Veteran British journalist and broadcaster David Frost, who won fame around the world for his interviews with former President Richard Nixon, has died, his family told the BBC. He was 74.
Frost died of a suspected heart attack on Saturday night aboard the Queen Elizabeth cruise ship, where he was due to give a speech, the family said. The cruise company Cunard said its vessel left the English port of Southampton on Saturday for a 10-day cruise in the Mediterranean.
Known both for an amiable personality and incisive interviews with leading public figures, Frost’s career in television news and entertainment spanned almost half a century. He was the only person to have interviewed all six British prime ministers serving between 1964 and 2007 and the seven US presidents in office between 1969 and 2008.
Prime Minister David Cameron was quick to send his condolences, praising Frost. “The Nixon interviews were among the great broadcast moments,’’ Cameron said. “He could be — and certainly was with me — both a friend and a fearsome interviewer.’’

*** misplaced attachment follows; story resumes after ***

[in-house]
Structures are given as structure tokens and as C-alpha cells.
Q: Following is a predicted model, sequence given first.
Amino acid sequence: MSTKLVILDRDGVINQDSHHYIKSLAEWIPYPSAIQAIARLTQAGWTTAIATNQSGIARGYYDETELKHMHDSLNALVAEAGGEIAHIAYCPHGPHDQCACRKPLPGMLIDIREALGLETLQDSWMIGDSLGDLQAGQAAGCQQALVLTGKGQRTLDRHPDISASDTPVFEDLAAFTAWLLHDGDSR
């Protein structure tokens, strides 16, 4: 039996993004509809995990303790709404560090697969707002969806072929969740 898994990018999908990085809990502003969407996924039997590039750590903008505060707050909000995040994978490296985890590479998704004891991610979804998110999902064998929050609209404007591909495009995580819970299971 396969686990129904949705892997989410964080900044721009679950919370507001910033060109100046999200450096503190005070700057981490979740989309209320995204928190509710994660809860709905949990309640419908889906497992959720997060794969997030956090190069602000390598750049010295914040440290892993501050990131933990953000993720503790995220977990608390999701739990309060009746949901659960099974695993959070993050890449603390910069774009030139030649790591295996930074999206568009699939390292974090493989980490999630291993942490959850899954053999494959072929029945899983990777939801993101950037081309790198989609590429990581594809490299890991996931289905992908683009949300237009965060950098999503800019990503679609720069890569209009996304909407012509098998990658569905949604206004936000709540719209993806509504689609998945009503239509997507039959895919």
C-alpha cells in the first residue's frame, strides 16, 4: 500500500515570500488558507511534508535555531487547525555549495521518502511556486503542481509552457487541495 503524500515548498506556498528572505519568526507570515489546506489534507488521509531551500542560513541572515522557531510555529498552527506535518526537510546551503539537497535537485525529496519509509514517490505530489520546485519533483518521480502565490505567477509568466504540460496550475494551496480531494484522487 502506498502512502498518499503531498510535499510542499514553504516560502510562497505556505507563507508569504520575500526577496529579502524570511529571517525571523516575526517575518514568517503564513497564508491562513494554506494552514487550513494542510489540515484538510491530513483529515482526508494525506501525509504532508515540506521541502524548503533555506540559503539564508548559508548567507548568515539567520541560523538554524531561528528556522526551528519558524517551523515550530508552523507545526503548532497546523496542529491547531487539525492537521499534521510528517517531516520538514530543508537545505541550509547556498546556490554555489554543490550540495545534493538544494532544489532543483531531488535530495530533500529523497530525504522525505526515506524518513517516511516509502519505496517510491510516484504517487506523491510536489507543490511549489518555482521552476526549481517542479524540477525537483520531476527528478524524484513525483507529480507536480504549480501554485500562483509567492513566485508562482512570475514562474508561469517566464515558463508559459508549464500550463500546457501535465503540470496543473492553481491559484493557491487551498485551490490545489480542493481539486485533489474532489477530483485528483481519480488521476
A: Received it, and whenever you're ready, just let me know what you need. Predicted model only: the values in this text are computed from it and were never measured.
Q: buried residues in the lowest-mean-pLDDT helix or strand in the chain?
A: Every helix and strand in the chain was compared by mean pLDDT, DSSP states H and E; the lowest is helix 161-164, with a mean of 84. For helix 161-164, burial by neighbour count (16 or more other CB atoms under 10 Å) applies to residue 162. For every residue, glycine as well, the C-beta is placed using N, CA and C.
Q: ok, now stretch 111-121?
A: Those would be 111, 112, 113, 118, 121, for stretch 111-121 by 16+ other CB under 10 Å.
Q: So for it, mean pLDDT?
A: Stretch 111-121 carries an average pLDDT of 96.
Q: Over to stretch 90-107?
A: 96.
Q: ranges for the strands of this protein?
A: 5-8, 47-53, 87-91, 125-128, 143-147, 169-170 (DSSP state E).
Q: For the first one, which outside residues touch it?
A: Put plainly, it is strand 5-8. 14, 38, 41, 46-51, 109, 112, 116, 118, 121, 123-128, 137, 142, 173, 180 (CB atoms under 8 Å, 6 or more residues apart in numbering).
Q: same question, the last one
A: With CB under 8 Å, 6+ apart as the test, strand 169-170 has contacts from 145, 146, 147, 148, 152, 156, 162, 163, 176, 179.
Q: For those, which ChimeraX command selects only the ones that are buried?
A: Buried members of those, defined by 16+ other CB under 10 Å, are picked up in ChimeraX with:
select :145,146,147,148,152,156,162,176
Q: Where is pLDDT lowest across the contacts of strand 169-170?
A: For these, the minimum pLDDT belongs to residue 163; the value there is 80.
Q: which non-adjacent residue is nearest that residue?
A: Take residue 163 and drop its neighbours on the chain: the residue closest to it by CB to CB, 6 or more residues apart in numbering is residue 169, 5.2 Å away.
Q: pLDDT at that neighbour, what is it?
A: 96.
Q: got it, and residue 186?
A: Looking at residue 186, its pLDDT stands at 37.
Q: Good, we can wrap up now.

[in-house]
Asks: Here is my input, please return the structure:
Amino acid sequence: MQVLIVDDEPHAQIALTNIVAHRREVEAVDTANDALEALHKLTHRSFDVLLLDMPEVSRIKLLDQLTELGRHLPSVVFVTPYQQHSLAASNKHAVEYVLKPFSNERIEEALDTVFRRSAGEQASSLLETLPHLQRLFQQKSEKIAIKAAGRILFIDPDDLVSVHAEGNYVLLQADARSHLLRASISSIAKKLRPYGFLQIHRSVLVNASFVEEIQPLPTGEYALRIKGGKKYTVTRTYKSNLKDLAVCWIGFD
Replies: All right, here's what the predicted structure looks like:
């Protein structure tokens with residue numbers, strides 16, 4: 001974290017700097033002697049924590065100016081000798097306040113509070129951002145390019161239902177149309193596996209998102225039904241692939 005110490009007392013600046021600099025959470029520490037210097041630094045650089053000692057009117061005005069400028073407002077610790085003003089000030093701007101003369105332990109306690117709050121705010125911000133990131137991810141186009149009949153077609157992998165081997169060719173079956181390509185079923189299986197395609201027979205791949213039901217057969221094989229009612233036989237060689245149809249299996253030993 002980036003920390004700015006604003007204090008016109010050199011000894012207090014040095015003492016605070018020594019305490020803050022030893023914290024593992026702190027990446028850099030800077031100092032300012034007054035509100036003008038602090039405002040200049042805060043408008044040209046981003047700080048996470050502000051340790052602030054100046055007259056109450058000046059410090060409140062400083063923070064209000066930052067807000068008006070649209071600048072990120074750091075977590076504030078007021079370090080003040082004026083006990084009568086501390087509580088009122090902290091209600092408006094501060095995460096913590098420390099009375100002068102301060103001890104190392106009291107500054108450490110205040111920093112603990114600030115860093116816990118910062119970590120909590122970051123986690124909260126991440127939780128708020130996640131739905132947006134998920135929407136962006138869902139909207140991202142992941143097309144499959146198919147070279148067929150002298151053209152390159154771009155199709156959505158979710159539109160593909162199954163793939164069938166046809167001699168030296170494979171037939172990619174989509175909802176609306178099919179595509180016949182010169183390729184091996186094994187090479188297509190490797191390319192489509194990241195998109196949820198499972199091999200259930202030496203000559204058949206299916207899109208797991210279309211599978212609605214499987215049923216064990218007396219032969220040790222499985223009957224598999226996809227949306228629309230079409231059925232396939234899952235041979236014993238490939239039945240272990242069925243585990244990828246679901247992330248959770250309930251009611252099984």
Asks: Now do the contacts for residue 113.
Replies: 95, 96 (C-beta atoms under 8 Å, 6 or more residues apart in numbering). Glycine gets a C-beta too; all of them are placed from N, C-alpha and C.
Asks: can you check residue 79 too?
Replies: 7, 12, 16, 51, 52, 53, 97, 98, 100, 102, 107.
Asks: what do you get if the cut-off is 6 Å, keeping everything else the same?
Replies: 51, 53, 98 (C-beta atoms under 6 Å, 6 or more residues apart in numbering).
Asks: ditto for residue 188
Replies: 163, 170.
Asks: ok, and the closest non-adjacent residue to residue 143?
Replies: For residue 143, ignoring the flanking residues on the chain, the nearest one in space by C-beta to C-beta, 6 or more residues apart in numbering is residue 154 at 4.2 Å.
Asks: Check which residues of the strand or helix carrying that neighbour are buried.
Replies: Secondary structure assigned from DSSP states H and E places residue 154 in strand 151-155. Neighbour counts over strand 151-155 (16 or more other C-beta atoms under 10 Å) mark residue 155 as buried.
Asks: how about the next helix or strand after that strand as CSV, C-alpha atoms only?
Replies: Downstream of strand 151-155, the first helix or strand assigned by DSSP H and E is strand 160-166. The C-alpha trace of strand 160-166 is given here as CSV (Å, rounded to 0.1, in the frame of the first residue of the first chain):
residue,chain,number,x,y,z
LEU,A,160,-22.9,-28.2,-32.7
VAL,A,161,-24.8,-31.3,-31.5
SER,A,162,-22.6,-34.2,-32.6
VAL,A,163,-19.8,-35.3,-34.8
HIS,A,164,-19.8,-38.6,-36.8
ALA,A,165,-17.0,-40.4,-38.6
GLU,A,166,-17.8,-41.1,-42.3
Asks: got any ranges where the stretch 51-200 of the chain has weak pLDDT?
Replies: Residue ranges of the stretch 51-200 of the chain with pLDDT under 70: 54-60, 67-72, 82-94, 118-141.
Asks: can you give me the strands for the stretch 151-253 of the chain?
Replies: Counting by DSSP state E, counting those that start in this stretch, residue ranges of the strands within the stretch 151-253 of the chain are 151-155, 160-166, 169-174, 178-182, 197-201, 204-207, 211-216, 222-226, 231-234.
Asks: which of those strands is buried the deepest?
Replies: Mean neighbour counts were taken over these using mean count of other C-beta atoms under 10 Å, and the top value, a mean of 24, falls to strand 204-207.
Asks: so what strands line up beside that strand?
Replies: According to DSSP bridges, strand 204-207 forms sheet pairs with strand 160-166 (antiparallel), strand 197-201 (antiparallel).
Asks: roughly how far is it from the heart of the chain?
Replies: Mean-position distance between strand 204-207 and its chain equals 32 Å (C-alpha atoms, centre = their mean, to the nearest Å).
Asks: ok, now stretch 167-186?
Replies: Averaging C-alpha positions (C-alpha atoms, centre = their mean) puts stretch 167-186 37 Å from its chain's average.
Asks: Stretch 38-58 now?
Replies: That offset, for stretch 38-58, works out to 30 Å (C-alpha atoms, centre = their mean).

The BBC said it received a statement from Frost’s family saying it was devastated and asking “for privacy”.
Frost began television hosting while still a student at Cambridge University. He went on to host the BBC’s satirical news show “The Week That Was’’ in the 1960s, and, later, a long-running BBC Sunday show, “Breakfast with Frost.’’
He did not become internationally known until 1977 when he secured a series of television interviews with Nixon.
The dramatic face-to-face was make-or-break both for him and for the ex-president, who was trying to salvage his reputation after resigning from the White House following the Watergate scandal three years earlier.
Nixon had acknowledged mistakes, but Frost pressed him on whether that was enough. Americans, he said, wanted to hear him own up to wrongdoing and acknowledge abuse of power — and “unless you say it, you’re going to be haunted for the rest of your life.’’
“That was totally off-the-cuff,’’ Frost later said. “I just knew at that moment that Richard Nixon was more vulnerable than he’d ever be in